Only 10 years ago, deciphering the genetic information from one individual in a matter of weeks to find a certain disease-causing genetic mutation would have been written off as science fiction. It was the time of the Human Genome Project, and it had taken armies of sequencing robots working around the clock for almost a decade to unravel the complete sequence of the human genetic code - referred to as the genome - by churning out the DNA alphabet letter by letter. Now a team headed by Michael Hammer from the University of Arizona applied Next Generation Genome Sequencing to decipher the entire DNA from a patient who had died from sudden unexplained epileptic death. Not only did they find the likely culprit - a previously unknown mutation in a gene coding for a sodium channel protein in the central nervous system - but their findings offer some emotional relief and explanation to the patient's family in the absence of a medical diagnosis and any family history of similar disease.
The substitution of brand-name antiepileptic drugs with cheaper generic equivalents has been an ongoing point of contention among doctors, federal officials and people with epilepsy. The U.S. Food and Drug Administration claims generic antiepileptic drugs have the same dosage, purity and strength as their brand-name counterparts and the two are interchangeable. But doctors and people with epilepsy remain concerned, citing widespread reports of individuals suffering seizures after switching medication. A new comprehensive review by pharmacists and doctors at the University of Connecticut and Hartford Hospital shows that it is not the anticonvulsant drugs themselves, but the switching aspect that may be causing the problem. In a review of 89 different studies dating back to 1950, the researchers found that the efficacy, tolerability and safety of brand-name and generic antiepileptic medications are virtually the same.
In fairy tales, magic rings endow their owners with special abilities: the ring makes the wearer invisible, fulfils his wishes, or otherwise helps the hero on the path to his destiny. Similarly, a ring-like structure found in a protein complex called 'Elongator' has led researchers at the European Molecular Biology Laboratory (EMBL) in Heidelberg, Germany, and the Institut de Genetique et Biologie Moleculaire et Cellulaire (IGBMC) in Strasbourg, France, in exciting new directions. Published in Nature Structural & Molecular Biology, the first three-dimensional structure of part of this complex provides new clues to its tasks inside the cell and to its role in neurodegenerative diseases. Changes to the proteins that make up Elongator have been linked to disorders such as familial dysautonomia and childhood epilepsy, and scientists knew that the complex is involved in a variety of processes inside the cell, but exactly what it does has so far remained a mystery.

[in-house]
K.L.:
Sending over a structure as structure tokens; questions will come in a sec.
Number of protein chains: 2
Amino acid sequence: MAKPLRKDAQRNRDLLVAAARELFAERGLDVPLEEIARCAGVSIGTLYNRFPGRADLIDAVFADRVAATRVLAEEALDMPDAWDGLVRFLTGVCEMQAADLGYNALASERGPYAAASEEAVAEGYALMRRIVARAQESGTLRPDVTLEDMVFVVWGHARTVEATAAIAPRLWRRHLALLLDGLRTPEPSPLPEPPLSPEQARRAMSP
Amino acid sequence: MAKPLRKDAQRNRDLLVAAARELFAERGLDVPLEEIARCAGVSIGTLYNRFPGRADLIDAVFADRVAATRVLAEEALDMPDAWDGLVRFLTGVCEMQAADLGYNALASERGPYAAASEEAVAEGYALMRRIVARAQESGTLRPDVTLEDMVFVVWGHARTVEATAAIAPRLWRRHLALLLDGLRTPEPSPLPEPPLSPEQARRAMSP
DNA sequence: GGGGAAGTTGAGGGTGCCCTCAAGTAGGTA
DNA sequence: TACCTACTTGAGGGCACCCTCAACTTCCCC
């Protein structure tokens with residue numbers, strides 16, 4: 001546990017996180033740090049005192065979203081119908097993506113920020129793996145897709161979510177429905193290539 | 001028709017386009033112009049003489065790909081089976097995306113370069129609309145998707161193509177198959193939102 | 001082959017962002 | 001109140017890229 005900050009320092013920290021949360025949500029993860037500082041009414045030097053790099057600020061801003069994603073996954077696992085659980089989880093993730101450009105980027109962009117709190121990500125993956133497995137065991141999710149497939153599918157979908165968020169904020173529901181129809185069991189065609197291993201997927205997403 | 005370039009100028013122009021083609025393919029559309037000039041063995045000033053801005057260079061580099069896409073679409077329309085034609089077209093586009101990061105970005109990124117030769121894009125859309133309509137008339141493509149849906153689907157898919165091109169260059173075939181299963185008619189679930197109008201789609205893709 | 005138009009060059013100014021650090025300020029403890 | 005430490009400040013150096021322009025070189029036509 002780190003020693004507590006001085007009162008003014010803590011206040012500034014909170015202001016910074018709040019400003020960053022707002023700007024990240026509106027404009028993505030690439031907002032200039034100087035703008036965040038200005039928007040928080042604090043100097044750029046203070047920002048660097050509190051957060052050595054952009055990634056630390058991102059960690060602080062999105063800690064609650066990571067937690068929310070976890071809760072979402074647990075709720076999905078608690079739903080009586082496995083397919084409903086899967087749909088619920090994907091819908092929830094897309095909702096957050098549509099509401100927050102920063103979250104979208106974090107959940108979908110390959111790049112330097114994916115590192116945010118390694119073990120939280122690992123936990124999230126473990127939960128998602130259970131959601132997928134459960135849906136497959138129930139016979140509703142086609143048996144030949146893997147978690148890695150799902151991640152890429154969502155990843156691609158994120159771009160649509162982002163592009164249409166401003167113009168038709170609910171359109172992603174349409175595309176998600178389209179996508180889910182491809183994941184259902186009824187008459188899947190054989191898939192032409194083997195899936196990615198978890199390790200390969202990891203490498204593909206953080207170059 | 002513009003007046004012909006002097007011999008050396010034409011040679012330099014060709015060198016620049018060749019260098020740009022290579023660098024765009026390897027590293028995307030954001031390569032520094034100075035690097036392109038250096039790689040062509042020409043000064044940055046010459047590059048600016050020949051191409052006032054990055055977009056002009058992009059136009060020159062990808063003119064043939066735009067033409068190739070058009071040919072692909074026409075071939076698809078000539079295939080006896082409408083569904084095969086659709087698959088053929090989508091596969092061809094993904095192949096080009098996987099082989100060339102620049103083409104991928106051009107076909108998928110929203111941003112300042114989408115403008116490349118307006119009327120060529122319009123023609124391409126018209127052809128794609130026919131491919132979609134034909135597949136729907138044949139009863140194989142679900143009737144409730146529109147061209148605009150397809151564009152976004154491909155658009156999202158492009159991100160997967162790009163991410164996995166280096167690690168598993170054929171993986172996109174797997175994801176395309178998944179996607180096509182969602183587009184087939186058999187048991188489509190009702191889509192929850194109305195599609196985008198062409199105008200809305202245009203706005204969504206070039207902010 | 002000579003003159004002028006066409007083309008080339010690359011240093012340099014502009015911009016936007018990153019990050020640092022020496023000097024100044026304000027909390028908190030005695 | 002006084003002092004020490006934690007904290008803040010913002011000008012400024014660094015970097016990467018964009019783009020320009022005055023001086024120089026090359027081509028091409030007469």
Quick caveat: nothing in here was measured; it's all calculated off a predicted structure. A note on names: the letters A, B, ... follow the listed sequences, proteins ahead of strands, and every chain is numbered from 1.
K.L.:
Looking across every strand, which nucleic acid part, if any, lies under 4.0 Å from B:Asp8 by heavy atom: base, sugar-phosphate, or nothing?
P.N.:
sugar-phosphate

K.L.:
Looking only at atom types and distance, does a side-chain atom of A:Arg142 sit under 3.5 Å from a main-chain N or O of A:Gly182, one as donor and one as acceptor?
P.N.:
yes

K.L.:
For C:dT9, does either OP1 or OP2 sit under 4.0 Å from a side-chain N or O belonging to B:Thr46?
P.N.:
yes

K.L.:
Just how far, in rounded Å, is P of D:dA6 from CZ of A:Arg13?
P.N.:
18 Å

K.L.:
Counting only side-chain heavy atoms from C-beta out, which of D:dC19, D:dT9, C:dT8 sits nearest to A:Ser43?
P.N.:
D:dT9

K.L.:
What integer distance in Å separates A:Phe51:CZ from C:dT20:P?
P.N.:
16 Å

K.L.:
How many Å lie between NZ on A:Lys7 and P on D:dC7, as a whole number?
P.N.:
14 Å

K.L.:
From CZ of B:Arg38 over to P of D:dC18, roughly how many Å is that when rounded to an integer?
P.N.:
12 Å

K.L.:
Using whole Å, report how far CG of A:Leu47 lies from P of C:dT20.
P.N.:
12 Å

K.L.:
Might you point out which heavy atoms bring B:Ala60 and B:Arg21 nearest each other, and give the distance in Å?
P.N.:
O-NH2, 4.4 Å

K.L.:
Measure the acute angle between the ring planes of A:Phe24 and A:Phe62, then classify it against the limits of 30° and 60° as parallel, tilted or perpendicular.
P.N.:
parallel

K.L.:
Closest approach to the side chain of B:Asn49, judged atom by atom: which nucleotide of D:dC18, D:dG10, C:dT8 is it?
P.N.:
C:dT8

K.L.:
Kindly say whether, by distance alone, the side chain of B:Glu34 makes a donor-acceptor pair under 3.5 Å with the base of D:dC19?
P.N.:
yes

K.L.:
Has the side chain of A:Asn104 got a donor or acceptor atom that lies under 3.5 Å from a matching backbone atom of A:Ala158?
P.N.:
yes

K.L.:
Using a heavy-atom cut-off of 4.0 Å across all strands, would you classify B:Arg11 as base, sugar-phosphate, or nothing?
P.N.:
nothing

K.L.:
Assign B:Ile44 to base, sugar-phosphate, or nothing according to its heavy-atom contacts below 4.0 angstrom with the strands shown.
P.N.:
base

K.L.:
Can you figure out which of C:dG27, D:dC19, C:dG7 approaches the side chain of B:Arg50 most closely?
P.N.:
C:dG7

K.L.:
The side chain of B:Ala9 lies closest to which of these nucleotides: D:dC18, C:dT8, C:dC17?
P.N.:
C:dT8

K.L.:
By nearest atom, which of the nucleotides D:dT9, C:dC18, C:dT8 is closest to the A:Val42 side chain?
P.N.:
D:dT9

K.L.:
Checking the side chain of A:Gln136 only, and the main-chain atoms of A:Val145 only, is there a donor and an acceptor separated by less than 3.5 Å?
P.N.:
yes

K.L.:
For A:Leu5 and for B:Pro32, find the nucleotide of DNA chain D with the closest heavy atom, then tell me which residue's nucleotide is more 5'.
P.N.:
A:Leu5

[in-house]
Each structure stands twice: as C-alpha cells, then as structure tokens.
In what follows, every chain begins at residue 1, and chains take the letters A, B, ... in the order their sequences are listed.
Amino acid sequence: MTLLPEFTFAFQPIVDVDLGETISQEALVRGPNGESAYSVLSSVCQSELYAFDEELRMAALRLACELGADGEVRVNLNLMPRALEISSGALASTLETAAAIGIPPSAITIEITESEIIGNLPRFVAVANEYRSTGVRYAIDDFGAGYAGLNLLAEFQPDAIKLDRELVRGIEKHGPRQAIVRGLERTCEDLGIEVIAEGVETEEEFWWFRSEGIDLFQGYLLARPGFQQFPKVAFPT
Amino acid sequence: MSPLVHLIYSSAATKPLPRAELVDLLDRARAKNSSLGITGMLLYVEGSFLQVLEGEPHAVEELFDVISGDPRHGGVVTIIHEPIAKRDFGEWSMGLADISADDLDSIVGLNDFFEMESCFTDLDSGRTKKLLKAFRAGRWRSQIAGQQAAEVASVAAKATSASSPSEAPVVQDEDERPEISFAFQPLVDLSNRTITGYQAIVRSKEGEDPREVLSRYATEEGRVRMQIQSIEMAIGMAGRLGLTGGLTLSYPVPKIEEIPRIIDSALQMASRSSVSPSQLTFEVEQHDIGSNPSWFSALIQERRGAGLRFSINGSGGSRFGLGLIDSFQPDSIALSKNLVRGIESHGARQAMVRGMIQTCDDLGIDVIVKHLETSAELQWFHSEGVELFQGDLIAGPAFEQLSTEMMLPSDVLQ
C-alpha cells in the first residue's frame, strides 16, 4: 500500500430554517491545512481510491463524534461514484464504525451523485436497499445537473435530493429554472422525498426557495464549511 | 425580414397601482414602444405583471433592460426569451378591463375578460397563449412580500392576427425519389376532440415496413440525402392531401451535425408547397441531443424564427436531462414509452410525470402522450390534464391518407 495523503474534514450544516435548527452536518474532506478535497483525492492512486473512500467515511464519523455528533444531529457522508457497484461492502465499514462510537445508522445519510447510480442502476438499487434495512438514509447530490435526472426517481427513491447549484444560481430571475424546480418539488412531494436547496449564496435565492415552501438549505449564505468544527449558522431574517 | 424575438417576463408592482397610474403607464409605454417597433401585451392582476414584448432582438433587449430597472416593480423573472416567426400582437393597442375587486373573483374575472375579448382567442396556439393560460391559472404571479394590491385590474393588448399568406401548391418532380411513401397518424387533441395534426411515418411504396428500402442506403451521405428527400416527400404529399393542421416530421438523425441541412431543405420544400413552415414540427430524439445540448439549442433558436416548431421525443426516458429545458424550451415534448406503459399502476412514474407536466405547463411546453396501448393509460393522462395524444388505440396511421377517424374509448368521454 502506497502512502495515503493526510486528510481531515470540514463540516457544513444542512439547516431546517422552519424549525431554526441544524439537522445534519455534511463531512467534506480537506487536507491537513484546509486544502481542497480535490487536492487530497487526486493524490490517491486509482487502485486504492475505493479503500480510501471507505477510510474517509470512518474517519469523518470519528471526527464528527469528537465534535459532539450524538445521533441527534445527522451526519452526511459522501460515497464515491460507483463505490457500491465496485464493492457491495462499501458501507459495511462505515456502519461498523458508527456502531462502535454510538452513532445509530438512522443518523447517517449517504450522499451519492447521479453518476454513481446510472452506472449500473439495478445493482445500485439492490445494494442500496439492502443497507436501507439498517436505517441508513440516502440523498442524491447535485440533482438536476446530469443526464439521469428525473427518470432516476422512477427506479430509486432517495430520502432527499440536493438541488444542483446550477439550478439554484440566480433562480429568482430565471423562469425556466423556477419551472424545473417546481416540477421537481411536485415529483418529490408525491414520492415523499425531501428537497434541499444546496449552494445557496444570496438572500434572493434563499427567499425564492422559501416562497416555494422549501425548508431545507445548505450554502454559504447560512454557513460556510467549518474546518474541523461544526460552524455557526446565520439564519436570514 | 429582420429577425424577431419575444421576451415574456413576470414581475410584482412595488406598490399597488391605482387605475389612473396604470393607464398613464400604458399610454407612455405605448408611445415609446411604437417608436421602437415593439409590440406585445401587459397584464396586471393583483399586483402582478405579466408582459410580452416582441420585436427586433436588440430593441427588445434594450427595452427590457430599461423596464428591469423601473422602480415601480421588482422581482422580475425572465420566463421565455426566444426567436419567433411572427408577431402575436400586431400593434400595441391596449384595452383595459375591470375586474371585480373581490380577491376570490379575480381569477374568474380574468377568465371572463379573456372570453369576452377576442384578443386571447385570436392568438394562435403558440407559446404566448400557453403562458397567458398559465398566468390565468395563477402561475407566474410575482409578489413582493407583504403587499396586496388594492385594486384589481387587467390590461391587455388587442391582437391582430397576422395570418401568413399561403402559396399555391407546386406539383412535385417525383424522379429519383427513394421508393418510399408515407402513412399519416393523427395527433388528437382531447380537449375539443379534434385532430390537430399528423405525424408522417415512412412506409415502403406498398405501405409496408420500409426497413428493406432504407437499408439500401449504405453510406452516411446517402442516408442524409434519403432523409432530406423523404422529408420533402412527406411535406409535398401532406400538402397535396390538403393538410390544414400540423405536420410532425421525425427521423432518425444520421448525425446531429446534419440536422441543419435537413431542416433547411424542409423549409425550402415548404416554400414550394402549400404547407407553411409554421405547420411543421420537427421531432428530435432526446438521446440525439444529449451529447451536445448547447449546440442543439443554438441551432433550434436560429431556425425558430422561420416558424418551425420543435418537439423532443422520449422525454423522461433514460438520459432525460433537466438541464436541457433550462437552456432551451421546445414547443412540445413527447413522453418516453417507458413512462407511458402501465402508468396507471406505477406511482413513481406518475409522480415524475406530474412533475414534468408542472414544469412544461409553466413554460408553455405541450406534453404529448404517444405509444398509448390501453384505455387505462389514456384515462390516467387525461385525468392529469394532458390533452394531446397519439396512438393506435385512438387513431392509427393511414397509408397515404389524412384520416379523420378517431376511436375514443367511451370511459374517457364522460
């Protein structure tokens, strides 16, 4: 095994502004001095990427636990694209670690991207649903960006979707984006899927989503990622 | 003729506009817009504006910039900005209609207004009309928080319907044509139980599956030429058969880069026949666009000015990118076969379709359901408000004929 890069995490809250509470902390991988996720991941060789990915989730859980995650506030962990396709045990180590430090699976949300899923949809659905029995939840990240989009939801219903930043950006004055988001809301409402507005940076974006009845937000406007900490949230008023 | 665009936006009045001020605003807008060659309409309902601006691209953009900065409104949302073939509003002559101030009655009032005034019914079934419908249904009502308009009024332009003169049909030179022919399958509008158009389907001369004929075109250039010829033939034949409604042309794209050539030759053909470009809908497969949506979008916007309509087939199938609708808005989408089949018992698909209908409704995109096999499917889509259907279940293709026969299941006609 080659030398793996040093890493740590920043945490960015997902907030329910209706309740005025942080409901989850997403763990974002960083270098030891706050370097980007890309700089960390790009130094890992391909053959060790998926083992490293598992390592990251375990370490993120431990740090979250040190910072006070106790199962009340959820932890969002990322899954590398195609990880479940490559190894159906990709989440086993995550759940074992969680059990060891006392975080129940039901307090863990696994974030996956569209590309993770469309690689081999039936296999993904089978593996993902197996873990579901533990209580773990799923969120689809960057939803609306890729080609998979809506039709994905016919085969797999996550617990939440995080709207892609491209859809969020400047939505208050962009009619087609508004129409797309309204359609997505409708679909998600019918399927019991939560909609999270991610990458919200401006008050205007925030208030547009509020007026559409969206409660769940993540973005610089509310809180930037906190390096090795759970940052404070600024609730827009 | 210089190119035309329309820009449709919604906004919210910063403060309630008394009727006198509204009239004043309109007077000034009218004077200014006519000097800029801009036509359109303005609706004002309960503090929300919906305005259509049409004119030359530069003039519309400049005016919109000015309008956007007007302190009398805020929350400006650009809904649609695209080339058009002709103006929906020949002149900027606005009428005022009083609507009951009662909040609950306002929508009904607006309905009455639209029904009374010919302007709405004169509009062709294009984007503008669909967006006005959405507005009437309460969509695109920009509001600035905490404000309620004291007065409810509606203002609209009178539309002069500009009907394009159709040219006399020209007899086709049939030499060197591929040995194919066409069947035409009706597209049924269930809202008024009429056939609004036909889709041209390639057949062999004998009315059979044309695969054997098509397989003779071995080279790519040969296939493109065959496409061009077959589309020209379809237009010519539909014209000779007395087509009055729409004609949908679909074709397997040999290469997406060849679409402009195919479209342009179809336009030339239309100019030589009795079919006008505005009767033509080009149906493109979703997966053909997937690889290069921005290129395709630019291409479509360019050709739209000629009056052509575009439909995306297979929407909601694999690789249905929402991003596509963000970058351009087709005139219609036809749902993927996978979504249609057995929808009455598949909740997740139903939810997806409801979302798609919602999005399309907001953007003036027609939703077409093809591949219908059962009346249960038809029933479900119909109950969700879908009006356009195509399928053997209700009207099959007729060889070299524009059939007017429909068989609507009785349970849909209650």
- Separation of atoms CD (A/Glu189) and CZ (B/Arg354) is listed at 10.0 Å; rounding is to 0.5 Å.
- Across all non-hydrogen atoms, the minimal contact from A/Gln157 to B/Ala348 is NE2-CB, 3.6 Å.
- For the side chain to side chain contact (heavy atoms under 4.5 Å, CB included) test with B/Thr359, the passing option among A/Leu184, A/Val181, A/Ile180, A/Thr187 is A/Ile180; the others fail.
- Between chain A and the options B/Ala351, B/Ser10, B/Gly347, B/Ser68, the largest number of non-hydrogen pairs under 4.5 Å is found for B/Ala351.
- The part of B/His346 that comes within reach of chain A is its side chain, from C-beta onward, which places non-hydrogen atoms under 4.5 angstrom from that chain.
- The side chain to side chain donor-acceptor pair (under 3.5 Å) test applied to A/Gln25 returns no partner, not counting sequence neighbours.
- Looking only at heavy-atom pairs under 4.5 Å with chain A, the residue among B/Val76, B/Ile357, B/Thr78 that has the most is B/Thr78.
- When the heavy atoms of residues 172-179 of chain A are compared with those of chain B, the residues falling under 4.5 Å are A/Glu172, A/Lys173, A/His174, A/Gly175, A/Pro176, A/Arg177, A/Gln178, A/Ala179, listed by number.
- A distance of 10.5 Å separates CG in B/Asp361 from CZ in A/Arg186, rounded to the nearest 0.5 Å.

To explore the most intricate structures of the brain in order to decipher how it functions - Stefan Hell's team of researchers at the Max Planck Institute for Biophysical Chemistry in Gottingen has made a significant step closer to this goal. Using the STED microscopy developed by Hell, the scientists have, for the first time, managed to record detailed live images inside the brain of a living mouse. Captured in the previously impossible resolution of less than 70 nanometers, these images have made the minute structures visible which allow nerve cells to communicate with each other. This application of STED microscopy opens up numerous new possibilities for neuroscientists to decode fundamental processes in the brain. Every day a huge quantity of information travels not only over our information superhighways;
Scientists at Emory University School of Medicine have identified a new group of compounds that may protect brain cells from inflammation linked to seizures and neurodegenerative diseases. The compounds block signals from EP2, one of the four receptors for prostaglandin E2, which is a hormone involved in processes such as fever, childbirth, digestion and blood pressure regulation. Chemicals that could selectively block EP2 were not previously available. In animals, the EP2 blockers could markedly reduce the injury to the brain induced after a prolonged seizure, the researchers showed. The results were published online this week in the Proceedings of the National Academy of Sciences Early Edition. "EP2 is involved in many disease processes where inflammation is showing up in the nervous system, such as epilepsy, stroke and neurodegenerative diseases, " says senior author Ray Dingledine, PhD, chairman of Emory's Department of Pharmacology.